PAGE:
News officially dropped on Tuesday morning that the buyout offer for a CGC 8.0 copy of Batman #1 was accepted by Rally shareholders. The anonymous offer was for a record $2 million, beating the previous record of $1.44 million in September 2021.

This sale represented an 11% increase from the initial IPO and, as is standard practice at Rally, the shareholders all were allowed to vote on the sale beginning this past weekend. In an email sent to shareholders (of which I am one), Rally stated that 89.8% of share-weighted votes and 62.1% of overall investors voted "Yes" to selling the book. A simple majority is normally needed to sell an asset (Rally has MANY more than just comic books).

The high number of approval was somewhat of a surprise to me because I was one of the minority shareholders that voted "No." Here's why.

Personal Context

As I'm sure was the case with most shareholders, the personal perspective I brought into this decision was the variable that I weighed the most. I am invested in more than a dozen assets on Rally, and am hopeful to stay in these assets for the very long game. I personally don't need access to my invested funds right away, and right now it's not a major slice of my overall long-term investments.

My (somewhat) extensive knowledge of collectibles and their appreciation over time was a driving factor in my hope that Batman #1 would not sell and I could let this book marinate for 15 or 20 years and let its value explode exponentially. Others may have needed access to their funds right away or wanted to invest their dividends in other Rally assets, so it becomes a very personal decision for the hundreds of people involved.

But the simple history of this book's sale had me hoping we could all hang on longer.

Batman #1 CGC 8.0 History

In the GoCollect database, there are only six copies of Batman #1 in this grade. Globally, there are only seven copies with a higher grade in existence. Due to the scarcity, age, first appearances of Joker and Catwoman, and popularity of the main character, this is one of the most desired books in the entire comic book world.

Those factors likely led to the fact that this $2 million purchase price is a 39% increase over the September 2021 sale. That $1.44 million sale in late September 2021 was $400,000 more than the previous sale in April 2021. That sale was $500,000 more than the previous one in September 2019. And on and on it goes.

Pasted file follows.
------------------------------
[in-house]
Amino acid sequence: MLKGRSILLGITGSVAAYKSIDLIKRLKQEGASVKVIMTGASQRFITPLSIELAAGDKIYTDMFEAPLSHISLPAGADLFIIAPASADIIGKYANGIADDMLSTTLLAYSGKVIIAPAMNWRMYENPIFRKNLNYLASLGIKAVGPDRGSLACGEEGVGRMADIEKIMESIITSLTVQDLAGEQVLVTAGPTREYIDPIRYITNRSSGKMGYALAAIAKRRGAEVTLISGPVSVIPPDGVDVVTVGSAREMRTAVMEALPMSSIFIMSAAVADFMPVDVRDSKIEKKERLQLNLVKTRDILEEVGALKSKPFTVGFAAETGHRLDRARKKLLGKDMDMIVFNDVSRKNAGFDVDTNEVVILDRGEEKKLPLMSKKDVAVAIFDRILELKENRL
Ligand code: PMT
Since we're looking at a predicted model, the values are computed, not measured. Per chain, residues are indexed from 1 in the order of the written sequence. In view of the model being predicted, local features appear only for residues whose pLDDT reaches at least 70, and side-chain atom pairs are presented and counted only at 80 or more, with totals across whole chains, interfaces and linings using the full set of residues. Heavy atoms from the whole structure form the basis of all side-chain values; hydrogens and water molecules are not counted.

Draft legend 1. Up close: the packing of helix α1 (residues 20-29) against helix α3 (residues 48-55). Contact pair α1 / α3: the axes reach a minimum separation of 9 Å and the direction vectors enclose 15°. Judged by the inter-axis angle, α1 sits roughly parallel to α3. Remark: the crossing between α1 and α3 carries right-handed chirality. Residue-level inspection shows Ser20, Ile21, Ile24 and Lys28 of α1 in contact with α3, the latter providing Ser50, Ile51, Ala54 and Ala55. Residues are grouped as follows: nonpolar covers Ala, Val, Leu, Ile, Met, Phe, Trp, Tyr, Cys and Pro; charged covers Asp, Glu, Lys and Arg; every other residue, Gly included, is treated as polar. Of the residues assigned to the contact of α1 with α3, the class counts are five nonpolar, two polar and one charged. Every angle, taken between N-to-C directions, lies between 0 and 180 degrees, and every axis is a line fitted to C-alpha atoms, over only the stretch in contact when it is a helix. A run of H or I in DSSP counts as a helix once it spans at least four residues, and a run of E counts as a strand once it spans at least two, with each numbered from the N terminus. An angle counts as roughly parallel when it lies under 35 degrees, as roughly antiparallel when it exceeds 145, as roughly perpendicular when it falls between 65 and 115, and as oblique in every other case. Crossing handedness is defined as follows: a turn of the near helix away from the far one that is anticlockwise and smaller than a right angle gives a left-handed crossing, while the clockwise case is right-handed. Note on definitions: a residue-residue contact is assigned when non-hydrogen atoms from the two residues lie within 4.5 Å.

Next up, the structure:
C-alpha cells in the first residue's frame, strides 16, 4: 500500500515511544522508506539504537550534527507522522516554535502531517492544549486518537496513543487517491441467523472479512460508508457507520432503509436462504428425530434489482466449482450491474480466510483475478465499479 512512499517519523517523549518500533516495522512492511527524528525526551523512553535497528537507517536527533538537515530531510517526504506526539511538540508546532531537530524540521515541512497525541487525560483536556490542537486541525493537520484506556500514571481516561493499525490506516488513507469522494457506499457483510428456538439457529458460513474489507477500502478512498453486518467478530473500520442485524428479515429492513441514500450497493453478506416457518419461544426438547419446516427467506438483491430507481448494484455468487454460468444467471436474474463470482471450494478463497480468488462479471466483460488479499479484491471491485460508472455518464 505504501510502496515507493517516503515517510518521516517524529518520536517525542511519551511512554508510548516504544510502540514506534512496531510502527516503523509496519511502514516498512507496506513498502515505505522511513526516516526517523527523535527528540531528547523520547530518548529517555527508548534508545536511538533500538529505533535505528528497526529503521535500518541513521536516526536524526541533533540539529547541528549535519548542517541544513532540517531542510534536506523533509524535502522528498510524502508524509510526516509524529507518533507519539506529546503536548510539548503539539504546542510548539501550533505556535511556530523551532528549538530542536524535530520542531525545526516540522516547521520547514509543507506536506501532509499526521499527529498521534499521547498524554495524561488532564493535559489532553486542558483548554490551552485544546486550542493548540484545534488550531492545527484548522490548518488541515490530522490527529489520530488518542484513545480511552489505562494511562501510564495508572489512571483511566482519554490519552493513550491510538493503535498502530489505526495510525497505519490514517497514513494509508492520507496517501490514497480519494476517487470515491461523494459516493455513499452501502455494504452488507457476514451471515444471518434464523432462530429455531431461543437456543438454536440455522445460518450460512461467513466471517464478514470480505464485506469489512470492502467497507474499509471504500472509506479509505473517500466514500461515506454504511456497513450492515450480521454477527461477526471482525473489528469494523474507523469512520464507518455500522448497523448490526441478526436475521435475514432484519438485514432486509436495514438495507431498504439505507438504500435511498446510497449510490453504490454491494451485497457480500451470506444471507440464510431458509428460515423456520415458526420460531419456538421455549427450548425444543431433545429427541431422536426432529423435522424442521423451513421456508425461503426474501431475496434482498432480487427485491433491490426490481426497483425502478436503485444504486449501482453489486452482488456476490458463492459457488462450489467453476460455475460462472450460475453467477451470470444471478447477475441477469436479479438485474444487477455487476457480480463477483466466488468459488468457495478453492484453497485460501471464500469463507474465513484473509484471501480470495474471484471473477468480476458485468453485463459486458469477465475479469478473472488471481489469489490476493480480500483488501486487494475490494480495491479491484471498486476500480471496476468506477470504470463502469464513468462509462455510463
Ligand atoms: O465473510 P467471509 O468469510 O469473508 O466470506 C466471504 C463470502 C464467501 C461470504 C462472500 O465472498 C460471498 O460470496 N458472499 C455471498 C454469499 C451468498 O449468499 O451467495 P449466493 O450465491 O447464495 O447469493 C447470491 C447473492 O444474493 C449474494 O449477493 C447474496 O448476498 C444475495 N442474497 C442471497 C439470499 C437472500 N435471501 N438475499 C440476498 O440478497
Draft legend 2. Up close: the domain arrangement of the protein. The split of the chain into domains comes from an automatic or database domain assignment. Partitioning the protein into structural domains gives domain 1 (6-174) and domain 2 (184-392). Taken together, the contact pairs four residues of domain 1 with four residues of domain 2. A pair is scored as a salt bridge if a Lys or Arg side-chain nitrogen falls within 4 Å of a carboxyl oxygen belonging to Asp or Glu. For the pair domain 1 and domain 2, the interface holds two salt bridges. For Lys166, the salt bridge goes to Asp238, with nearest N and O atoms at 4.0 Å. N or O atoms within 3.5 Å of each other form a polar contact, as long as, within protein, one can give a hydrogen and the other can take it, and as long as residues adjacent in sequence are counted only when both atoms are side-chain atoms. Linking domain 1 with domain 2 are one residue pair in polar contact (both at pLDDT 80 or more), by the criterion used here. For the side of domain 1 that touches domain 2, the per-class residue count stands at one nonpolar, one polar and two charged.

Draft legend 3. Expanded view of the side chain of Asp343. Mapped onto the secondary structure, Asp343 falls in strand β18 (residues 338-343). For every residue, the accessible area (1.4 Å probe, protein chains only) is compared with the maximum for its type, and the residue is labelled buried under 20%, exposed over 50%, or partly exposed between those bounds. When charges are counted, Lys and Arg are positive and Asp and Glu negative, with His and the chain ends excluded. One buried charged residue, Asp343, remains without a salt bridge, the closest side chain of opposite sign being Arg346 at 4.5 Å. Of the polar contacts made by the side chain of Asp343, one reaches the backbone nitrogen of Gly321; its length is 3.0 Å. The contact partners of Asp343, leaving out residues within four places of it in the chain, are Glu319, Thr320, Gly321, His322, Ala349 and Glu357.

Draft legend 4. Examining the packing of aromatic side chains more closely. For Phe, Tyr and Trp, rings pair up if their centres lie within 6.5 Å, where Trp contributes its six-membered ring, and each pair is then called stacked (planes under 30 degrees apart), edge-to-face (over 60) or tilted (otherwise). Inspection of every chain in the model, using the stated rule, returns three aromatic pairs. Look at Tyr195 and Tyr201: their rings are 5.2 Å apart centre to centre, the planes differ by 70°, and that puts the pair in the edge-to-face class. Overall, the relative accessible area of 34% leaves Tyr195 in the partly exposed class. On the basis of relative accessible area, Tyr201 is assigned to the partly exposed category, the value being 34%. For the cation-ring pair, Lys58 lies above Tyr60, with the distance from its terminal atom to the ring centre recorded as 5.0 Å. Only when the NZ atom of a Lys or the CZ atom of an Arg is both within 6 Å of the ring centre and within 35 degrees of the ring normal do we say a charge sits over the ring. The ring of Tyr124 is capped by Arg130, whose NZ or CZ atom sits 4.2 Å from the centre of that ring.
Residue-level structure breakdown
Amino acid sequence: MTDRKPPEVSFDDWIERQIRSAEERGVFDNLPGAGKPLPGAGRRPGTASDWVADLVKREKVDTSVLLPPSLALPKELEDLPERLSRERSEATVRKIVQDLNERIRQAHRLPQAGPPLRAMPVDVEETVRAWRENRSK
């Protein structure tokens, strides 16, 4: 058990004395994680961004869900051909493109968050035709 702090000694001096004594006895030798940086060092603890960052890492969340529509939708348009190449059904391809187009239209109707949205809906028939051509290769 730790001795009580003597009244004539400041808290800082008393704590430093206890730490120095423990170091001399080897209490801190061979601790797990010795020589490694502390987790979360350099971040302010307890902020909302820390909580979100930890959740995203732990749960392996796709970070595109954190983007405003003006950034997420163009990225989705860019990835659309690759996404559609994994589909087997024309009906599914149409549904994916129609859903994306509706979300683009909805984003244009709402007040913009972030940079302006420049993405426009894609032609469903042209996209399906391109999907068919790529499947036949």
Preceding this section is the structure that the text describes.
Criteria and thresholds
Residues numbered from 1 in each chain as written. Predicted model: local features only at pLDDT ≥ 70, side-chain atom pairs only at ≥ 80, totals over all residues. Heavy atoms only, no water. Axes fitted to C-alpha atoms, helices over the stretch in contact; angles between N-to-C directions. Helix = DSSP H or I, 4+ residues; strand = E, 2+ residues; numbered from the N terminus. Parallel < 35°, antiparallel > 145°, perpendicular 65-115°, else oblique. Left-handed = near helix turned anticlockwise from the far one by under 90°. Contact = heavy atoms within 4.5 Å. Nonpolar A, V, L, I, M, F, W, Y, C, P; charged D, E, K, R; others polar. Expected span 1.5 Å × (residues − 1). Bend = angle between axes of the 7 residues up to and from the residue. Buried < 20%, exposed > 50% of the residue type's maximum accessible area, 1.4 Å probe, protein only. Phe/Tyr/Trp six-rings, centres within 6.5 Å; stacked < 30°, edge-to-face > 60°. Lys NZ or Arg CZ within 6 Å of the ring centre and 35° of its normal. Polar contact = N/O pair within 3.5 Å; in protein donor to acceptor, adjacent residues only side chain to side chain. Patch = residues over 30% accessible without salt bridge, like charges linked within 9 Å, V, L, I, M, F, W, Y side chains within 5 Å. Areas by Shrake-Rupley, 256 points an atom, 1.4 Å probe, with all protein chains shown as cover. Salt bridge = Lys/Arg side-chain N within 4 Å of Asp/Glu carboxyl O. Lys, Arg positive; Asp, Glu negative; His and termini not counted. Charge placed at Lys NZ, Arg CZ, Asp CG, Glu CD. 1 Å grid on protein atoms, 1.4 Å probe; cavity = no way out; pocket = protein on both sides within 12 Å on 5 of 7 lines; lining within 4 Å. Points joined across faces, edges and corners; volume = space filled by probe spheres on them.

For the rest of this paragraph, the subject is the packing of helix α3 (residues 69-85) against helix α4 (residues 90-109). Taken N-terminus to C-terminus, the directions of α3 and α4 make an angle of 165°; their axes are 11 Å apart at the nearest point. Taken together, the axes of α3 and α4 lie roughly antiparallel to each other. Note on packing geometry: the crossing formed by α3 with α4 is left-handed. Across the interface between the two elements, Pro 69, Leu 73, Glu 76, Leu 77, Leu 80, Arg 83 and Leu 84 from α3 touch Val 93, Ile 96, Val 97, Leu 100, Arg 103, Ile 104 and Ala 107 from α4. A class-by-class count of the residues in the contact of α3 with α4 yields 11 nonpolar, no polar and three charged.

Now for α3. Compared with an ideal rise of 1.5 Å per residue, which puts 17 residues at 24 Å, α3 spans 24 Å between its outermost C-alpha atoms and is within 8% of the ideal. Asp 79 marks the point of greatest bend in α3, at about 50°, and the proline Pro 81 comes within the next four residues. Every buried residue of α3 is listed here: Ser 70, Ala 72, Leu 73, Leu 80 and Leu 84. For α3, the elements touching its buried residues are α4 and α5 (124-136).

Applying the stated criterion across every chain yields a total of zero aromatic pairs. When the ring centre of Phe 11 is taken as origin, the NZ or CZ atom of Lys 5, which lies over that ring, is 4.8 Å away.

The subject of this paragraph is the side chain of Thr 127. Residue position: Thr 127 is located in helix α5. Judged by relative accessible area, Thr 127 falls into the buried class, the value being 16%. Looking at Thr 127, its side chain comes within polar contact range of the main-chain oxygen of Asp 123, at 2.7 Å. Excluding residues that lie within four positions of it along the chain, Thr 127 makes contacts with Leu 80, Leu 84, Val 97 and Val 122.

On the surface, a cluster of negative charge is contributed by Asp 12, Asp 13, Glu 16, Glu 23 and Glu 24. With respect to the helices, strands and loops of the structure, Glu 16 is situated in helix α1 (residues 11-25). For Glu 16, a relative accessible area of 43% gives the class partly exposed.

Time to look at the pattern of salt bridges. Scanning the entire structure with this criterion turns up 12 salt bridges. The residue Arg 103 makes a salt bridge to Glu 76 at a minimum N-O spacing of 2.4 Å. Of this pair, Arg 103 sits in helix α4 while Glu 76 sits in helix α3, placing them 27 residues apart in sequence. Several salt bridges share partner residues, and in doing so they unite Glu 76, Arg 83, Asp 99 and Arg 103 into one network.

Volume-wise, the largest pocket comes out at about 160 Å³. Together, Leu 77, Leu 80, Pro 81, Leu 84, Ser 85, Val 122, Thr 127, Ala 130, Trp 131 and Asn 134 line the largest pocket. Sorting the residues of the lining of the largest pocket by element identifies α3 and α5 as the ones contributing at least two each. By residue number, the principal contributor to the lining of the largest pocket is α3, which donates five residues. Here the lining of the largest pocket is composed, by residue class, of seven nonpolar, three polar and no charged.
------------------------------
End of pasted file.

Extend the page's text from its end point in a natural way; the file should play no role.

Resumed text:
Will $2 million represent the ceiling of this book's value? Likely not. Based on the history of the book, this should continue to climb over the long term, barring some catastrophic collapse of the collectibles market. I understand the motivation to be a part of a record-breaking sale, plus the rush of funds magically appearing in your Rally account, but I can't help but think where this book would be in five years.

Selling is More Exciting Than Holding

Listen, I totally get it. Holding onto the asset is boring. It's milquetoast. Rally doesn't get to put out posts on social media or distribute the press release if the book is not sold. I have already seen many, many people retweeting the Rally post with how excited they are to have been a part of history. The adrenaline rush and dopamine injection we get from being a part of this history are exciting.

There are also many people who treat Rally's assets as more of a short-term stock game. Now that there are regular periods where assets can be bought and sold among investors, there is always the chance to make some quick money if you guess right on a desired collectible. In comic books on Rally, these values are also susceptible to movie news, casting news, or other market swings. Investors can make that quick money and move on to another asset. This decision to sell was just a macro-version of those more regular transactions. And it's exciting.

What Will I Do With My Payout?

I own less than 10 shares in the book, so it's not like I'm planning my retirement or anything. What I will likely do is reinvest in some of the other books that exist on Rally that are in trading periods. Some examples available now are Batman #2 (CGC 9.0), Fantastic Four #5 (CGC 9.2), and a rare 1979 Boba Fett prototype toy with firing rocket.

As I mentioned before, I am in these for the long game. My age, financial status, and interest level all lead me to that decision. And I am someone that enjoys the feeling of owning shares of many types of assets. Is that for everyone? Clearly not. Many I talk to in my comic book community can't fathom owning a slice of a comic book they can't see or touch.

But the sale of this book makes one thing crystal clear. The comic book market is still a very strong and desirable one, and the best, most famous books are still the best ones to own. But at least this shareholder will be monitoring the value of a CGC 8.0 Batman #1 over the years to come and will be wondering what might have been.

*Any perceived investment advice is that of the freelance blogger and does not represent advice on behalf of GoCollect.